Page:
Victory for LGBTQ community in the workplace

Donald Zarda

Donald Zarda was fired from his skydiving instructor job because of his sexuality. PHOTO CREDIT: Melissa Zarda / AP via The Charlotte Observer

Until this week, employers could arguably still fire someone for being gay. Although it’s 2018, sexual orientation was not considered to fall under sex discrimination in the Civil Rights Act of 1964. A federal appeals court just ruled that companies cannot fire employees just because they're gay. This is on account that discriminating against their sexual orientation is indeed considered sex discrimination.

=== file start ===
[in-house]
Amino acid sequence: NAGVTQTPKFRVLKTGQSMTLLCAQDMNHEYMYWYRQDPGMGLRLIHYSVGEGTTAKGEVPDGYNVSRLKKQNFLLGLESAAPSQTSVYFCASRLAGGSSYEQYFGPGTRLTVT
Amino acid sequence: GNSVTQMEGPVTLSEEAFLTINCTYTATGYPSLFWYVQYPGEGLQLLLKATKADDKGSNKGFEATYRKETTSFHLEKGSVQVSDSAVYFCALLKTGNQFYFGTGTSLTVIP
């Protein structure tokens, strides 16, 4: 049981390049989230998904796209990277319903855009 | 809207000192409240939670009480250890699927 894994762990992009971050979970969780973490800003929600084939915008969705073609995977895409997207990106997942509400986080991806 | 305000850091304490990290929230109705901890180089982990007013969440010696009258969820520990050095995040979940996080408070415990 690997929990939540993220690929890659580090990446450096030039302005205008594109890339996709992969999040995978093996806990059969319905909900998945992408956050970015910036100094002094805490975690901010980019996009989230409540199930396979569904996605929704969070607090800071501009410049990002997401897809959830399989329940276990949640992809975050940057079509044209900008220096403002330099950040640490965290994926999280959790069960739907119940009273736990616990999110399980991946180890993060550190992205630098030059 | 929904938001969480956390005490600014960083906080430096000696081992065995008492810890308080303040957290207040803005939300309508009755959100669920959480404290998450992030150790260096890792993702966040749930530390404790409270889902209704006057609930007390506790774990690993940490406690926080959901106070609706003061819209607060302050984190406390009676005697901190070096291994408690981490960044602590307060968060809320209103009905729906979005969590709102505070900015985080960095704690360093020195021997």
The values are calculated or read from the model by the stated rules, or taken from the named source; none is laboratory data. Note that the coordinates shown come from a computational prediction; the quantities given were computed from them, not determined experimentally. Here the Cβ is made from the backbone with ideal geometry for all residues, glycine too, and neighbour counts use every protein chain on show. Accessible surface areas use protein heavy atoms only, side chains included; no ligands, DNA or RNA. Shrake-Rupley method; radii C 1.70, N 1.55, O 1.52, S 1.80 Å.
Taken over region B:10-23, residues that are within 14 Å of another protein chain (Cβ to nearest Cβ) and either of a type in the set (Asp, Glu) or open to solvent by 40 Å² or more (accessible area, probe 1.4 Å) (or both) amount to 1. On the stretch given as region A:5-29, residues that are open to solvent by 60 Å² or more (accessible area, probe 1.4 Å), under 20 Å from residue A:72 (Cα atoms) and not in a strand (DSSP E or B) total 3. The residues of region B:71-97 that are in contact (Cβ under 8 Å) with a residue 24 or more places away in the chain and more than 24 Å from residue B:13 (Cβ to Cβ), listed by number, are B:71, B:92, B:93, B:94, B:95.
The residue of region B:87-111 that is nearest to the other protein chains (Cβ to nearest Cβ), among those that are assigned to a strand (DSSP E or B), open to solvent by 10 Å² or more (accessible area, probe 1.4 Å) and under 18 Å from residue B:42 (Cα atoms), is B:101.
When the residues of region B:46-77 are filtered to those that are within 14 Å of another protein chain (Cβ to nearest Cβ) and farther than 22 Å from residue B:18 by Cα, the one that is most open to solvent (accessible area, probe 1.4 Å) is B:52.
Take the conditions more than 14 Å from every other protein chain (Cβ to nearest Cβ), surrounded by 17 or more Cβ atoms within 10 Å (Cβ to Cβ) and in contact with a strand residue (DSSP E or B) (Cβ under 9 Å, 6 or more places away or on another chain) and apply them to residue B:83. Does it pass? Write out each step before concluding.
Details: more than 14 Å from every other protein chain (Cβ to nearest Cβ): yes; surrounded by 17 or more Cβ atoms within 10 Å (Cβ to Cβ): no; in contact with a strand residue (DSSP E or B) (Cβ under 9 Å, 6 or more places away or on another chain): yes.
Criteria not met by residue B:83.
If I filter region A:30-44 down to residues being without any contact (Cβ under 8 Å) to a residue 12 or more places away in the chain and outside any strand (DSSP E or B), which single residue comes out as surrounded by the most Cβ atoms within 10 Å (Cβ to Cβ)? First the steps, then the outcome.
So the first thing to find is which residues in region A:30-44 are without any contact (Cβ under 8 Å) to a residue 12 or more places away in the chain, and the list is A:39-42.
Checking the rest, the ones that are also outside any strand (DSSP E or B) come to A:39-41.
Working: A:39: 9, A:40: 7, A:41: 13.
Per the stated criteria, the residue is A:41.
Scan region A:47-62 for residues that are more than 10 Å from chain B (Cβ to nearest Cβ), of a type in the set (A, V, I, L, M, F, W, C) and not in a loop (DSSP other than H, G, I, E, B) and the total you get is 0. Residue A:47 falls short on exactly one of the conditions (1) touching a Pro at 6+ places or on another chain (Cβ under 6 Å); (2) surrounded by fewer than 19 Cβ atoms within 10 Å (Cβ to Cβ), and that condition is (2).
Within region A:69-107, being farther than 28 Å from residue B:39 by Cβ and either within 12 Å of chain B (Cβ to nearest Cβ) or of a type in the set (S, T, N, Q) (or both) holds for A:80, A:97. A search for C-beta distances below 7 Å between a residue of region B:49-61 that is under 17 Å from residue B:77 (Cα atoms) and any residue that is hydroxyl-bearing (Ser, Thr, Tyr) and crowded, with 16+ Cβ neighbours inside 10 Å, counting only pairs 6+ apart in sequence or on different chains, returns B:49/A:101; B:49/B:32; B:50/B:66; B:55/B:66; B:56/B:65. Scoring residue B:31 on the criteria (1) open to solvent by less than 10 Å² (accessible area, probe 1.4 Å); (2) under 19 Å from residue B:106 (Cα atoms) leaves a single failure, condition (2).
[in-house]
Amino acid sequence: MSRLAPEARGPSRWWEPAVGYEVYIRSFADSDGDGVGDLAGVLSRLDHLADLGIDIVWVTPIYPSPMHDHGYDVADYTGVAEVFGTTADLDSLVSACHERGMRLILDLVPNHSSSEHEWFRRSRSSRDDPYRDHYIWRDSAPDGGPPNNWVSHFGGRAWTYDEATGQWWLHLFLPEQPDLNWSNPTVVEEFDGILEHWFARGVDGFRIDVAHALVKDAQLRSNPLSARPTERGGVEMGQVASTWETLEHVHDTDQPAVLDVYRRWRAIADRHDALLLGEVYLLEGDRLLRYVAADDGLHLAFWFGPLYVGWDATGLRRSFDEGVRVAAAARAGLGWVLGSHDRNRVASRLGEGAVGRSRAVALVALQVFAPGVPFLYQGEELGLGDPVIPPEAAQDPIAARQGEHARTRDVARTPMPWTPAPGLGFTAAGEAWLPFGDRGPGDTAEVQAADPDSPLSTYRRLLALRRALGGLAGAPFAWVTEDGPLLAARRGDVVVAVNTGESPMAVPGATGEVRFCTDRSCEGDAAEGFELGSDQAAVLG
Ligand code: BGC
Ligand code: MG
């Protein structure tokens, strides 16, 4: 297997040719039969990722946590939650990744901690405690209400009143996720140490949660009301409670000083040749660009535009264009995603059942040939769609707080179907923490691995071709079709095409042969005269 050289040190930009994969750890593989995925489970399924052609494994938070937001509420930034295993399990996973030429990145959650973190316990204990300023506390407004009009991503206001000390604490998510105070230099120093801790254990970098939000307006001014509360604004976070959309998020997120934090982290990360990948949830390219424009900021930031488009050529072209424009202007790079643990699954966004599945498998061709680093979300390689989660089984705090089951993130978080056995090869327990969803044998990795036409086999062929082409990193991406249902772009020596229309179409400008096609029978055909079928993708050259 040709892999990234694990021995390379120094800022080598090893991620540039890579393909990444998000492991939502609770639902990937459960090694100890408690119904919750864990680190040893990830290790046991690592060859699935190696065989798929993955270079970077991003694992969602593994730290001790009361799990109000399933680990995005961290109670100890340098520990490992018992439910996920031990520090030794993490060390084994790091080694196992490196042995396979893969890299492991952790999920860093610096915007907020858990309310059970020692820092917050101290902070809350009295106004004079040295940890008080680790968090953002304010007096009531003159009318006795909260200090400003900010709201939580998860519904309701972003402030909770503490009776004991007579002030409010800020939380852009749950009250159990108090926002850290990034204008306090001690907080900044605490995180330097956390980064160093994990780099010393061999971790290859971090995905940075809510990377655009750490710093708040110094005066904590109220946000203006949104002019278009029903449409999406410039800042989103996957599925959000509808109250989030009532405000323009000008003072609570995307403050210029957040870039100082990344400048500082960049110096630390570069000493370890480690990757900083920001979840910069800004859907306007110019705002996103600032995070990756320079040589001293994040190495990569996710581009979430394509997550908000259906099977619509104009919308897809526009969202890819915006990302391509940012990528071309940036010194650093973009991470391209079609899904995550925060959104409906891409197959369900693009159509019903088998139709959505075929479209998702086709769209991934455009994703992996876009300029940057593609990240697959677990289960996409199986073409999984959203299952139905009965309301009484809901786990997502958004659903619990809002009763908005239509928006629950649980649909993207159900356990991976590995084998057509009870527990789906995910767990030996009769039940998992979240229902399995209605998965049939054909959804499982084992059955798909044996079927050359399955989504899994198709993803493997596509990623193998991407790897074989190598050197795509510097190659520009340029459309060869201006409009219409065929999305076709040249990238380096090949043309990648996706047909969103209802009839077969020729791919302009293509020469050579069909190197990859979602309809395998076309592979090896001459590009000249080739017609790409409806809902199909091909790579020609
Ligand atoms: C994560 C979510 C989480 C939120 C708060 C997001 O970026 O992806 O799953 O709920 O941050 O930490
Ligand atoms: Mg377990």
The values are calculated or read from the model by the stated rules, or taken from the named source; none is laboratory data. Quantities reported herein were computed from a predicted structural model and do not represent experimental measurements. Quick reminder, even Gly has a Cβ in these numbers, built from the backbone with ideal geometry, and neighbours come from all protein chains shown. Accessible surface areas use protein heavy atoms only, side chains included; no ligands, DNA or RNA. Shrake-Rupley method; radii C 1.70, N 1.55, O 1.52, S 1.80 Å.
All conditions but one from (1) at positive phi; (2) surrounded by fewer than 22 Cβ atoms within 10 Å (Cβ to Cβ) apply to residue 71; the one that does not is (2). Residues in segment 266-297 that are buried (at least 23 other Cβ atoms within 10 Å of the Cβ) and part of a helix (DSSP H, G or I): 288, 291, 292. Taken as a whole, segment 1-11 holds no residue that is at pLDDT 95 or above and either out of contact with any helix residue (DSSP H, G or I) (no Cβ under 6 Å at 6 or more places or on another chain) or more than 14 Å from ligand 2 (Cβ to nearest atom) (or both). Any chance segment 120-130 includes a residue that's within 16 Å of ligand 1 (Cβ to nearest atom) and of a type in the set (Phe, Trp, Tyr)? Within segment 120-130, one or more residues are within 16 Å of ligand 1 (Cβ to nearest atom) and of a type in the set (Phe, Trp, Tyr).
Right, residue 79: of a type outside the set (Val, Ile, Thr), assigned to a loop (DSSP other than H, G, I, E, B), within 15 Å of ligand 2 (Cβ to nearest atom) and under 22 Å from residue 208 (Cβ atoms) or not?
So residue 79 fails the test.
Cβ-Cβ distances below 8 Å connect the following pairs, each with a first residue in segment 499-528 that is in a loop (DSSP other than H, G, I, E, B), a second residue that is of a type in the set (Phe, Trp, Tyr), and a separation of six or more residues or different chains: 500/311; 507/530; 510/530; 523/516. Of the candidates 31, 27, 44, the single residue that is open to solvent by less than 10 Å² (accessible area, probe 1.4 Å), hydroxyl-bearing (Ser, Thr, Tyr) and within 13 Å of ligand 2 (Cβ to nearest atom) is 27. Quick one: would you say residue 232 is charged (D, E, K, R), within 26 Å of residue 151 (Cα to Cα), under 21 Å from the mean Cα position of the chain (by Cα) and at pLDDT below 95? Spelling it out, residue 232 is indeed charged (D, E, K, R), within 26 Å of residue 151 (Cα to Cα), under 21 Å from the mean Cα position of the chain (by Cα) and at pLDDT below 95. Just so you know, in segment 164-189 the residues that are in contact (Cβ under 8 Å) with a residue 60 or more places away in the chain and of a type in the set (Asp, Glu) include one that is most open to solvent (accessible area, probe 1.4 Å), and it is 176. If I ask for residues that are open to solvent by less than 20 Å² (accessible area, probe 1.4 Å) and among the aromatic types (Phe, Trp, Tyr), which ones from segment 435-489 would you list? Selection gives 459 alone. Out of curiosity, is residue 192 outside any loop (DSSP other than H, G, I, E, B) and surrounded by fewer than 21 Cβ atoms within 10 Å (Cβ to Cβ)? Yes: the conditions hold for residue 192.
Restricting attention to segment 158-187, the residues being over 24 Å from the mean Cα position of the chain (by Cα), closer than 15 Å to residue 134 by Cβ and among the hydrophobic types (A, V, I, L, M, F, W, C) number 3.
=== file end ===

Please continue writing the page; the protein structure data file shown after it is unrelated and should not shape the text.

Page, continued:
The case involves a skydiving instructor and his firing back in 2010. He was about to jump tandem with a woman who was nervous, so he reassured her that she didn't need to worry about being tied together closely as he was “100% gay.” The woman’s boyfriend reported this comment and the company fired him thereafter.


The instructor sued the company and the case has been working its way through courts of appeals for years. If the company decides to appeal this latest decision, it will move on to the Supreme Court where its fate is uncertain due to the conservative nature of the current judges.


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